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Only Yesterday

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Only Yesterday

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Only Yesterday (おもひでぽろぽろ, Omohide Poro Poro; lit. "memories come tumbling down"[1]) is a 1991 Japanese animated drama film written and directed by Isao Takahata, based on the manga of the same title by Hotaru Okamoto and Yuko Tone.[2] Toshio Suzuki produced the film and Studio Ghibli provided the animation. It was released on July 20, 1991.[3] The ending theme song (愛は花、君はその種子 'Ai wa Hana, Kimi wa sono Tane', lit. "Love is a flower, you are its seed") is a Japanese translation of Amanda McBroom's composition "The Rose."

Only Yesterday is significant among progressive anime films in that it explores a genre traditionally thought to be outside the realm of animated subjects. In this case a realistic drama written for adult, particularly female, audiences. The film was, however, a surprise box office success, attracting a large adult audience of both sexes.


In 1982, Taeko is 27 years old, unmarried, has lived her whole life in Tokyo and now works at a company there. She decides to take another trip to visit the family of the elder brother of her elder sister's husband in the rural countryside to help with the safflower harvest and get away from city life. While traveling at night on a sleeper train to Yamagata, she begins to recall memories of herself as a schoolgirl in 1966, and her intense desire to go on holiday like her classmates, all of whom have family outside of the big city.

At the arrival train station, she is surprised to find out that her brother in law's second cousin, Toshio, of whom she barely knows is the one who came to pick her up. During her stay in Yamagata, she finds herself increasingly nostalgic and wistful for her childhood self, while simultaneously wrestling with adult issues of career and love. The trip dredges up forgotten memories (not all of them good ones) — the first stirrings of childish romance, puberty and growing up, the frustrations of math and boys. In lyrical switches between the present and the past, Taeko wonders if she has been true to the dreams of her childhood self. In doing so, she begins to realize that Toshio has helped her along the way. Finally, Taeko faces her own true self, how she views the world and the people around her. Taeko chooses to stay in the countryside instead of returning to Tokyo. It is implied that she and Toshio began a relationship at the end of the movie.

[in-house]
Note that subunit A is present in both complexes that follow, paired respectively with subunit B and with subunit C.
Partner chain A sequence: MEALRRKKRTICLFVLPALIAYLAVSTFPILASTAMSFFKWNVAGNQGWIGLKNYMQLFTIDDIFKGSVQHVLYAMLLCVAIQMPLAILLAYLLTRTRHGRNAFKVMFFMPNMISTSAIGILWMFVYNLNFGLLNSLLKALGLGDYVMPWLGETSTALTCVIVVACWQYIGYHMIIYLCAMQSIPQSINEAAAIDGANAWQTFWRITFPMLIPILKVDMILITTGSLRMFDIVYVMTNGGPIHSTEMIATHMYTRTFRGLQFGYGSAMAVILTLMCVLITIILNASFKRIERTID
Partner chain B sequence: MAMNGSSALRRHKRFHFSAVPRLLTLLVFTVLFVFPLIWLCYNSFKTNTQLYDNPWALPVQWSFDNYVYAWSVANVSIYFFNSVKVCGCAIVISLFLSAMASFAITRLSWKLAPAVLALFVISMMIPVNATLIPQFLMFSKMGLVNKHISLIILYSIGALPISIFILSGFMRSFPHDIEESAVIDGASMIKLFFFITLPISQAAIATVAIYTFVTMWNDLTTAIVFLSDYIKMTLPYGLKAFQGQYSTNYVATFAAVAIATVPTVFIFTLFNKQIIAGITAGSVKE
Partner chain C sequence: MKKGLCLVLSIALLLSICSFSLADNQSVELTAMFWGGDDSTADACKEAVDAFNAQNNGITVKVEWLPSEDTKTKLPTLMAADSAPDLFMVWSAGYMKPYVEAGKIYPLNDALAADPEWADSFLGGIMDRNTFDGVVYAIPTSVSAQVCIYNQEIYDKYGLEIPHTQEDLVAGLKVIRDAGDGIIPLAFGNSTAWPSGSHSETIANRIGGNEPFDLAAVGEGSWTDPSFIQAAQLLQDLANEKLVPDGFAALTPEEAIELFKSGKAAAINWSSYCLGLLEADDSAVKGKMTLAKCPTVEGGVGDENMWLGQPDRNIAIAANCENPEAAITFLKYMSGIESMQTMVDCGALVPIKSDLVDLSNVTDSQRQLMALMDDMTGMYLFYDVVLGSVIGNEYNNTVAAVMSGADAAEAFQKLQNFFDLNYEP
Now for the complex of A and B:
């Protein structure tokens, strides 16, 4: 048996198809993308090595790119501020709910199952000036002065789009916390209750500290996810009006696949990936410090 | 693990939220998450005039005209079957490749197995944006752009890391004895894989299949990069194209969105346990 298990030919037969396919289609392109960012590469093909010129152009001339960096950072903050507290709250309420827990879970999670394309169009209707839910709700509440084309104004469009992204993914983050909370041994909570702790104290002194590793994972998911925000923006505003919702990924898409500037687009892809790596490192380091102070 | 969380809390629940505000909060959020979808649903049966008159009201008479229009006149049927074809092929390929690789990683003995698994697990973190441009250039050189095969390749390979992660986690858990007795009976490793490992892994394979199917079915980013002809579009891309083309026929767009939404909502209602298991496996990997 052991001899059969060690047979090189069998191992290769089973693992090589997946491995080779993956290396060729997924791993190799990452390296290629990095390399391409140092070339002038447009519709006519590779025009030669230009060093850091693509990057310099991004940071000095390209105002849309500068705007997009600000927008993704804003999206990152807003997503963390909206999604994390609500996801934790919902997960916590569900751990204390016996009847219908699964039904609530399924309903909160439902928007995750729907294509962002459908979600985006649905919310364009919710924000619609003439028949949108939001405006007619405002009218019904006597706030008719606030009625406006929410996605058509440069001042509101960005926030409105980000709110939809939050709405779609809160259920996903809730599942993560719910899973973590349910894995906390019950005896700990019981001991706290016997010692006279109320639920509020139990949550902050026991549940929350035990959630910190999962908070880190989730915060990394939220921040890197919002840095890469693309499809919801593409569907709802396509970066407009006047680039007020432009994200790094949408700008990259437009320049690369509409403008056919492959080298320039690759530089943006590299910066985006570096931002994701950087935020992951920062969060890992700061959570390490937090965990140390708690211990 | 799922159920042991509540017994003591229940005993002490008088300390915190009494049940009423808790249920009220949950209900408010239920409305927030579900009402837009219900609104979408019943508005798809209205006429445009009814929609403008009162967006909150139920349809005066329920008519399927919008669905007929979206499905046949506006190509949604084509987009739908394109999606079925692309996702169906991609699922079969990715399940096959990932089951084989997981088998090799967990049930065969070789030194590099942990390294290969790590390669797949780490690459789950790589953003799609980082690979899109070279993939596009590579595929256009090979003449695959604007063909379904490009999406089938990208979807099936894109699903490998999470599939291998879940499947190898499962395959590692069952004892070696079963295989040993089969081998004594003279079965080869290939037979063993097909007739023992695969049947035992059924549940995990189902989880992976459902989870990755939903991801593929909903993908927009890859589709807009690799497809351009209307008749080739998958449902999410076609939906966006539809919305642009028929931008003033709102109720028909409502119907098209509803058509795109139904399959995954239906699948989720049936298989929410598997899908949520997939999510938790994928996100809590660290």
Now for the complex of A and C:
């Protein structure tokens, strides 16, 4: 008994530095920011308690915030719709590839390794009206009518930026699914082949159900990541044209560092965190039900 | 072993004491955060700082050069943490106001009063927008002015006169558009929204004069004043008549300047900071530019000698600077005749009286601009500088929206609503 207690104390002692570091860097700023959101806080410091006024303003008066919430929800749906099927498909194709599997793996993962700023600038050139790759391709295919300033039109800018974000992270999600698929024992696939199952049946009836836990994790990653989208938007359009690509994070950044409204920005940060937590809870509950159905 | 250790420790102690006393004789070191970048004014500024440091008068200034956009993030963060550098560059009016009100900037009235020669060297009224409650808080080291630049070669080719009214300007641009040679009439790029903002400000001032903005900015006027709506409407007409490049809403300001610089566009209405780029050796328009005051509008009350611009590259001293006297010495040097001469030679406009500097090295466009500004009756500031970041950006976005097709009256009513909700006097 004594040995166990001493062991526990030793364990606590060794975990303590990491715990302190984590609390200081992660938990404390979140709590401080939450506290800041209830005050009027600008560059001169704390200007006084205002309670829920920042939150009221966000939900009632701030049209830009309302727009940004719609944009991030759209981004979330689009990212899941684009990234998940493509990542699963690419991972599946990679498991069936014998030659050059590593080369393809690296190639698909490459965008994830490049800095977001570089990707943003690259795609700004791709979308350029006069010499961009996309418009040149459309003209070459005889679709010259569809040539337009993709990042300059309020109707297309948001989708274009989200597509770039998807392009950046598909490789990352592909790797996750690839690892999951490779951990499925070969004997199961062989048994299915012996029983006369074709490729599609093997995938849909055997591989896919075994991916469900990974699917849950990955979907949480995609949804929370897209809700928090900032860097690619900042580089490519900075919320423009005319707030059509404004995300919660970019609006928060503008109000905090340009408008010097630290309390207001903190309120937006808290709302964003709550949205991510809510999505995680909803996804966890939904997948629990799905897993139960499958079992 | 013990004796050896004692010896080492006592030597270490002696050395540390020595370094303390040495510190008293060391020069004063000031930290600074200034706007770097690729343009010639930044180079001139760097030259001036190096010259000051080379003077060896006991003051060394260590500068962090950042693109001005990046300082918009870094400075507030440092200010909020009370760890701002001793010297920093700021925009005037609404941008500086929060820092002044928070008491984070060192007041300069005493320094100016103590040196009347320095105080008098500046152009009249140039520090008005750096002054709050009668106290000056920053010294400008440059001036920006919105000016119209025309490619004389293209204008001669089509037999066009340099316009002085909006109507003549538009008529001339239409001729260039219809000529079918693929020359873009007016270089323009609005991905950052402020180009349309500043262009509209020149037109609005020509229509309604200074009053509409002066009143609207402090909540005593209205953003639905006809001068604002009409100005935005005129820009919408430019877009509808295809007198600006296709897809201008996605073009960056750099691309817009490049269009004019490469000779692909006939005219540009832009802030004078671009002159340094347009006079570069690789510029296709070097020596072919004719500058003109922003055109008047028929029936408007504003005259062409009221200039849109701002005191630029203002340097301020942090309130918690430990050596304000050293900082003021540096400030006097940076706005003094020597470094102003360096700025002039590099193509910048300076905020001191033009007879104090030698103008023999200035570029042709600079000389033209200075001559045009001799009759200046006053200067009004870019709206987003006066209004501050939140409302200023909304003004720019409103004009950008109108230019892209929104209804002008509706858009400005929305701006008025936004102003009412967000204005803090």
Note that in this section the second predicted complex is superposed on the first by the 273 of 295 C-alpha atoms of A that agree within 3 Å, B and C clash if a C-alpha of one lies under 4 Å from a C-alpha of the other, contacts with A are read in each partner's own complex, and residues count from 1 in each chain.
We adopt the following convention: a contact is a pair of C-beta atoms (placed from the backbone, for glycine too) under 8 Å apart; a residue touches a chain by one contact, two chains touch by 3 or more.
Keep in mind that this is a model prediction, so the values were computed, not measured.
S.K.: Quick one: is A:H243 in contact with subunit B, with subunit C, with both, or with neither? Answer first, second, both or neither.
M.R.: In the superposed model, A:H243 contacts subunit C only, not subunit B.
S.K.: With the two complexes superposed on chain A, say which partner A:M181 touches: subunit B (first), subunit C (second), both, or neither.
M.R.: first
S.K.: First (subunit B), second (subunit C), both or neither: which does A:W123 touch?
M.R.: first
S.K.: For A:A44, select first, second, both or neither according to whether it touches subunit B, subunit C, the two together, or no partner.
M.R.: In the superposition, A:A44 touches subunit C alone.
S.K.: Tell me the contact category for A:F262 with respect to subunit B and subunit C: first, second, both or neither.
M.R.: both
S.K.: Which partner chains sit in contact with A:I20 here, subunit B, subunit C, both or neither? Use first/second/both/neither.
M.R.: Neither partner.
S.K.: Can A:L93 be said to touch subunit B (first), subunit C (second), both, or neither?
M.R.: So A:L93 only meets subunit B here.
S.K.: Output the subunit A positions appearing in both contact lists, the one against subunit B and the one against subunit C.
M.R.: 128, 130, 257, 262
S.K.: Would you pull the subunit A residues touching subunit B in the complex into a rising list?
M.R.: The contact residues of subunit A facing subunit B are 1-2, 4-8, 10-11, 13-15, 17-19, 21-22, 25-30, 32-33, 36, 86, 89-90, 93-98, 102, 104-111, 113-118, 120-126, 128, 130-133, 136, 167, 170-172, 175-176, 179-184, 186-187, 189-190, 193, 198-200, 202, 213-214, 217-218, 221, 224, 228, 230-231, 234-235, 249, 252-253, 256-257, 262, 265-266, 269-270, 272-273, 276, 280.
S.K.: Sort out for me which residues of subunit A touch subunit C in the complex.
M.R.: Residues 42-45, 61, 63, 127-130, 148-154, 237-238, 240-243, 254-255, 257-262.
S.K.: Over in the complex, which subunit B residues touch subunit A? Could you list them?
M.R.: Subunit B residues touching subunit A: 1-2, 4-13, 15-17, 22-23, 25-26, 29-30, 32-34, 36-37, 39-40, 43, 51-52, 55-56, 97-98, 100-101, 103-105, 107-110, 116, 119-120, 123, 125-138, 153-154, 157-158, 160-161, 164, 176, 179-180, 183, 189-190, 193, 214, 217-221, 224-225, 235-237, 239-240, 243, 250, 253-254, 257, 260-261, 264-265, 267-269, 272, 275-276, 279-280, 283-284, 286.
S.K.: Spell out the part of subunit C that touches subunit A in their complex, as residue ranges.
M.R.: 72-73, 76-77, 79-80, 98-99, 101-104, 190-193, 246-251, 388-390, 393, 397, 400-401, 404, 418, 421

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  1. Team Ghiblink. "Only Yesterday: Frequently Asked Questions (FAQ): Q: What does "Omohide Poroporo" mean?". Retrieved 2009-07-13. 
  2. Team Ghiblink. "Only Yesterday: Frequently Asked Questions (FAQ): Q: Is it based on a manga or a book?". Retrieved 2007-01-09. 
  3. "Omohide Poro Poro"., May 13, 2012

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